Building Peace in Times of Terror

Dec 13, 2015

We the People are wiser than warfare. We must act on that wisdom as our nation and our shared planet confront the possibility of eternal warfare. Our choice instead is to embark on an Age of Peacebuilding – an era that balances the realities of terrorism with the knowledge of diplomacy and the promise of people-to-people conflict resolution. And here’s the key to success: we must build peace here at home at the same time we confront terrorism and build peace around the world.

I have stated many times that building peace requires transforming government. We have a great deal of work to do here at home if we want our federal departments and agencies to deliver world-class services better suited for the 21st century. I launched my presidential campaign to Transform America by Transforming Government with a 7-Track Plan to do just that. I have begun an agency-by-agency series to show how this is done starting with the Departments of Justice and Veterans Affairs with Education, Labor and Housing up next.

We cannot be a force for good around the world until We the People trust the results delivered by our government Of the People; right now there is no trust and few good results. Foreign policy can only be successful with a simultaneous commitment to programs and reforms that truly serve the American people.

As an independent candidate for President of the United States, I present today these five operating principles for all foreign policy decisions in my White House:

1) We must be strong to build peace. In today’s world, strength begins with the best trained, best equipped and most respected military on the planet. As America makes decisions about confronting terrorism, as China expands its military arsenal and as Russia re-engages militarily in the Mid-East and Eastern Europe, we must make sure our military and intelligence expertise and resources are strong enough to counter today’s ever-changing threats.  We must be smarter about how we fund our military, smarter about how our military spends taxpayer dollars and smarter about how we cut off the flows of fighters, weapons and money into conflict zones worldwide.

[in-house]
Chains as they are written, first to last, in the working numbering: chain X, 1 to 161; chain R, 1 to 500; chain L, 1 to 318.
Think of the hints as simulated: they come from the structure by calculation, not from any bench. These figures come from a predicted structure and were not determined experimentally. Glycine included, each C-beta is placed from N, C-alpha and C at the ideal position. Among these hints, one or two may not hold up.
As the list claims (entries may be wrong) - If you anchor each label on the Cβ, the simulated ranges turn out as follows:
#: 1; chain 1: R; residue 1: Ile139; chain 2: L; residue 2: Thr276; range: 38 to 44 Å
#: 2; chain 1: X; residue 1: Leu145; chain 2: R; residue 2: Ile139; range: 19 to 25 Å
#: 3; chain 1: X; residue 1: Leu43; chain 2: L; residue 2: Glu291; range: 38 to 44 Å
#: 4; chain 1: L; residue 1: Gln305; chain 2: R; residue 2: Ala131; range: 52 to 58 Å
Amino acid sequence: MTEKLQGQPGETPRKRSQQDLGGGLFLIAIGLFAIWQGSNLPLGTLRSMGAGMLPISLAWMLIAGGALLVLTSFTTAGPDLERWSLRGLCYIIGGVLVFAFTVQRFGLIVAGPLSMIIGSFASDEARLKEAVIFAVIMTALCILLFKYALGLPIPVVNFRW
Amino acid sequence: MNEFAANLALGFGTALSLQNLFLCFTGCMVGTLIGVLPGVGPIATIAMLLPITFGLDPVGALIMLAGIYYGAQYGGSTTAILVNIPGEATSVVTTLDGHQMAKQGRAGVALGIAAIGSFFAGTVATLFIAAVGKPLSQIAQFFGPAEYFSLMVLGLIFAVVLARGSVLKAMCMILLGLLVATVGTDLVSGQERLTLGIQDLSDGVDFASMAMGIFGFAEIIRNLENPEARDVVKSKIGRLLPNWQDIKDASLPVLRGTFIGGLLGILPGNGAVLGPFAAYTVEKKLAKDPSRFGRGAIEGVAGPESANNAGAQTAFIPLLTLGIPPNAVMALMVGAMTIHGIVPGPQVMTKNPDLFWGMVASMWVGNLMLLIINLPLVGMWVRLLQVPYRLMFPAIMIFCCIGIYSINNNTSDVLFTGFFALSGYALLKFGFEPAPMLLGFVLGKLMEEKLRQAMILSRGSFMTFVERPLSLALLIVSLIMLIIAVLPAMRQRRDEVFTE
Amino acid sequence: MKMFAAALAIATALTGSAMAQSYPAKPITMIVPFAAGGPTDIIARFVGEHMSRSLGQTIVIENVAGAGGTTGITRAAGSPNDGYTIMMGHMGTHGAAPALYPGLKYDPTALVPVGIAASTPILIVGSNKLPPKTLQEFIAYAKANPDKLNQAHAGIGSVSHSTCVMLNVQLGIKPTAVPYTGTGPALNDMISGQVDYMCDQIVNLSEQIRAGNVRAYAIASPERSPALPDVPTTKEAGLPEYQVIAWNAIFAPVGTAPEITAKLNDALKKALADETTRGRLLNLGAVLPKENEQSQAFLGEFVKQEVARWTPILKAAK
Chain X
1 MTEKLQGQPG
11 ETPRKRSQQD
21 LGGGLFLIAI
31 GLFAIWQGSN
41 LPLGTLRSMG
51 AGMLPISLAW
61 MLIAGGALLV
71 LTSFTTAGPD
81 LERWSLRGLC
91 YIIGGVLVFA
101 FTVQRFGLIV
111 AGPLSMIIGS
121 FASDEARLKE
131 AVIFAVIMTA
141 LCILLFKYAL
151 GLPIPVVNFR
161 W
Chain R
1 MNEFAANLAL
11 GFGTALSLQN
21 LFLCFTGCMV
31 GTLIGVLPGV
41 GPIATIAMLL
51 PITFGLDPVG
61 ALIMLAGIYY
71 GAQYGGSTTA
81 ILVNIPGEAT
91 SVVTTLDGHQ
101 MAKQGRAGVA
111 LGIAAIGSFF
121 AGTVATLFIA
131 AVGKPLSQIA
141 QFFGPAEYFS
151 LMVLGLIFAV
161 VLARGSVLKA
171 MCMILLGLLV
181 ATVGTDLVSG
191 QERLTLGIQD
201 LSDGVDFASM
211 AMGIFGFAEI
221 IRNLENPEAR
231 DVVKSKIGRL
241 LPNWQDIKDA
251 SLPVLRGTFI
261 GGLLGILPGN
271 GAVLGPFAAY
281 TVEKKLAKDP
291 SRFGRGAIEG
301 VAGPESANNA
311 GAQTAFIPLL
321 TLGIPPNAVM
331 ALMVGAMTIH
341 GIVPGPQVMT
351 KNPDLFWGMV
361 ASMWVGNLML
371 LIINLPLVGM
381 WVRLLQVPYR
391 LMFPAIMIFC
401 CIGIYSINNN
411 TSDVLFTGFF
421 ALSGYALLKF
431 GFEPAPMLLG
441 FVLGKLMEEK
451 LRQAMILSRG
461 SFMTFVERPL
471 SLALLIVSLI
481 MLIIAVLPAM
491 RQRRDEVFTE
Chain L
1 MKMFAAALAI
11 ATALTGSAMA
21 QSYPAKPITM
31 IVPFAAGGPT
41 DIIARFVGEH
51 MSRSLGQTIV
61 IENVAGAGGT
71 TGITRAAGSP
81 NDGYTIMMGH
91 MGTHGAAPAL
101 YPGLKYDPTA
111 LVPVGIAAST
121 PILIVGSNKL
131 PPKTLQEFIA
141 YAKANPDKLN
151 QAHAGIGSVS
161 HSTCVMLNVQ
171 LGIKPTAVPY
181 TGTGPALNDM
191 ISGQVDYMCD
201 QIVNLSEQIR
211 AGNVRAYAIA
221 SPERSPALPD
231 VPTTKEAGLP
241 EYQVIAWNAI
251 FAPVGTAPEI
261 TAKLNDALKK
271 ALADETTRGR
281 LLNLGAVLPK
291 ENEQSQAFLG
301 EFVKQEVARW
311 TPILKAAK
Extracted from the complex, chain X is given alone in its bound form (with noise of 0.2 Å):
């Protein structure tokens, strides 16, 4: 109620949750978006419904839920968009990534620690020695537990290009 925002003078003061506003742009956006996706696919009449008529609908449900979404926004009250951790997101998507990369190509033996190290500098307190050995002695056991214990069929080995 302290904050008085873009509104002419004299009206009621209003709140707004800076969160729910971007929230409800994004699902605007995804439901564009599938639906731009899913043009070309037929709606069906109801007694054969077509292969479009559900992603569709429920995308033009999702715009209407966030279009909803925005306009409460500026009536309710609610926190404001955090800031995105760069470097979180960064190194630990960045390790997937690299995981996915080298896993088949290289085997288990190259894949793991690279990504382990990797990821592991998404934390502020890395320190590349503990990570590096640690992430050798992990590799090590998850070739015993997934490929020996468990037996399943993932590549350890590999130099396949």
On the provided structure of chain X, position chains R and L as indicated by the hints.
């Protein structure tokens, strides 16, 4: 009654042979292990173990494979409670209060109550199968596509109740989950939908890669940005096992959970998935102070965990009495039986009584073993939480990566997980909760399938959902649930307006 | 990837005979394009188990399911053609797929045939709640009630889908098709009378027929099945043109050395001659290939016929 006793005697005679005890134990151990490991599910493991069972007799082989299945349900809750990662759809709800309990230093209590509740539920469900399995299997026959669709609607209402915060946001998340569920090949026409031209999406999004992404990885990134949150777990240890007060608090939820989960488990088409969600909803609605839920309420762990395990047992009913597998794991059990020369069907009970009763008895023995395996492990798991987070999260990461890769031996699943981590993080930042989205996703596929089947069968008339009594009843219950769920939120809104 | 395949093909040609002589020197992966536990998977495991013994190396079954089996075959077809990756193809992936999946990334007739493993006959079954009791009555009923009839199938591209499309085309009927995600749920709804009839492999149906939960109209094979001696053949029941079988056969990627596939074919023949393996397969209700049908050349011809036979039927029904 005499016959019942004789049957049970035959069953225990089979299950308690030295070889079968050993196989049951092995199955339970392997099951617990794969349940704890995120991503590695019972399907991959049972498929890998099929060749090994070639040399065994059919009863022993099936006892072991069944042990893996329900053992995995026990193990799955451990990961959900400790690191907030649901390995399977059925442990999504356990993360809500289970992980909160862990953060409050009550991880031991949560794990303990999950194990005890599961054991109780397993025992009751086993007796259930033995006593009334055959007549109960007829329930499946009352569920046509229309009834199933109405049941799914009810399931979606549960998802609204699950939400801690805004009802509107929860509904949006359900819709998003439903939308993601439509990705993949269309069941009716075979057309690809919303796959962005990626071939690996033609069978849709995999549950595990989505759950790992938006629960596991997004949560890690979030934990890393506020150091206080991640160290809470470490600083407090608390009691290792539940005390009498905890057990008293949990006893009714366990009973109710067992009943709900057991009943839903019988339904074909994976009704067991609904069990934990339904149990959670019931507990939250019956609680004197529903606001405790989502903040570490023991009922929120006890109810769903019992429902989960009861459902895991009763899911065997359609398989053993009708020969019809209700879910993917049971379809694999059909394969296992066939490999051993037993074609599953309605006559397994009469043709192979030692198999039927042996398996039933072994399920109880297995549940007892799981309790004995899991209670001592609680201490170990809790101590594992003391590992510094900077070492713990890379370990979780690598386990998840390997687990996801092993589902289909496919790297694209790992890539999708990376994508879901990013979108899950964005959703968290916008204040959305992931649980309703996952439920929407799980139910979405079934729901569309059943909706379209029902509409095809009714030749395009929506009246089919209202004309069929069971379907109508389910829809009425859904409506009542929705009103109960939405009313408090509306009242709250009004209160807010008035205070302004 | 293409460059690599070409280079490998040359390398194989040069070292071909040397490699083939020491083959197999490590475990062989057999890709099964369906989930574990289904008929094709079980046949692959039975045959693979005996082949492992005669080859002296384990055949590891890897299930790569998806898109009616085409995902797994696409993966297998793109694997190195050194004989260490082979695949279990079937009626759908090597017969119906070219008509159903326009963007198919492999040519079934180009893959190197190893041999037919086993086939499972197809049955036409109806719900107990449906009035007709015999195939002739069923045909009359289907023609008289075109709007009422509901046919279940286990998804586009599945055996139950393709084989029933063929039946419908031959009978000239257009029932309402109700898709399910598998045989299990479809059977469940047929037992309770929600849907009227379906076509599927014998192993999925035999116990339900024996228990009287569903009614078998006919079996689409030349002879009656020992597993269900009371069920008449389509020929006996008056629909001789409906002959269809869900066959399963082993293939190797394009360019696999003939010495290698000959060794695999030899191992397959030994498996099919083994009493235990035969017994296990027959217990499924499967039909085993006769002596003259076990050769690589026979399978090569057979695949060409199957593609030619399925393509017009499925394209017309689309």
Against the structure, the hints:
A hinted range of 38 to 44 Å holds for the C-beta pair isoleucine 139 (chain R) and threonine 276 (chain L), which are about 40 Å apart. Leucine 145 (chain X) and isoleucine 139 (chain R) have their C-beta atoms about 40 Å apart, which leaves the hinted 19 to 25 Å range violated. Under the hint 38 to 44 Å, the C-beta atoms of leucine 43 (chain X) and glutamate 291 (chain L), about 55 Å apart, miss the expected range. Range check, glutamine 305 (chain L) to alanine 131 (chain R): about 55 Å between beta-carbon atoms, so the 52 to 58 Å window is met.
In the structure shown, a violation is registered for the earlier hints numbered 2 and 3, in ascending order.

True power must always include strength at home. We cannot be the most powerful democracy on the planet when only 19% of Americans trust our government to do the right thing and 75% of Americans see corruption widespread in government. We the People must rethink, reinvent and re-boot all our federal agencies until they deliver world-class services to all of us.

Strength at home is also reflected in the power of our core values – justice, equality, freedom and liberty, individual choice, respect for diversity and self-government. As we recognize and work though our differences, we must hold close the values that bind us together as one nation, one America.

2) The purpose of American foreign policy is peacebuilding. The goal of war is never more war; the goals of warfare in the 21st century are the political solutions that can only be achieved through face-to-face dialog. I say this based on one conclusion I have talked and written about for more than 30 years: The power of face-to-face dialog is enormous and untapped. Only dialog can bring ceasefires, peace talks and community reconciliation. I know we can turn anger and hatred to solutions. I know we can launch waves of local peace-building and restorative justice.

I know beyond doubt that peacebuilders are working at every level and in every domain in every conflict zone around the world. These peacebuilders include government officials and non-government organizations, local community leaders, peace activists, business leaders, sports leaders, the faith community, musicians, educators and trainers. I understand multi-track diplomacy and I will bring to the forefront this worldwide network of peacebuilders.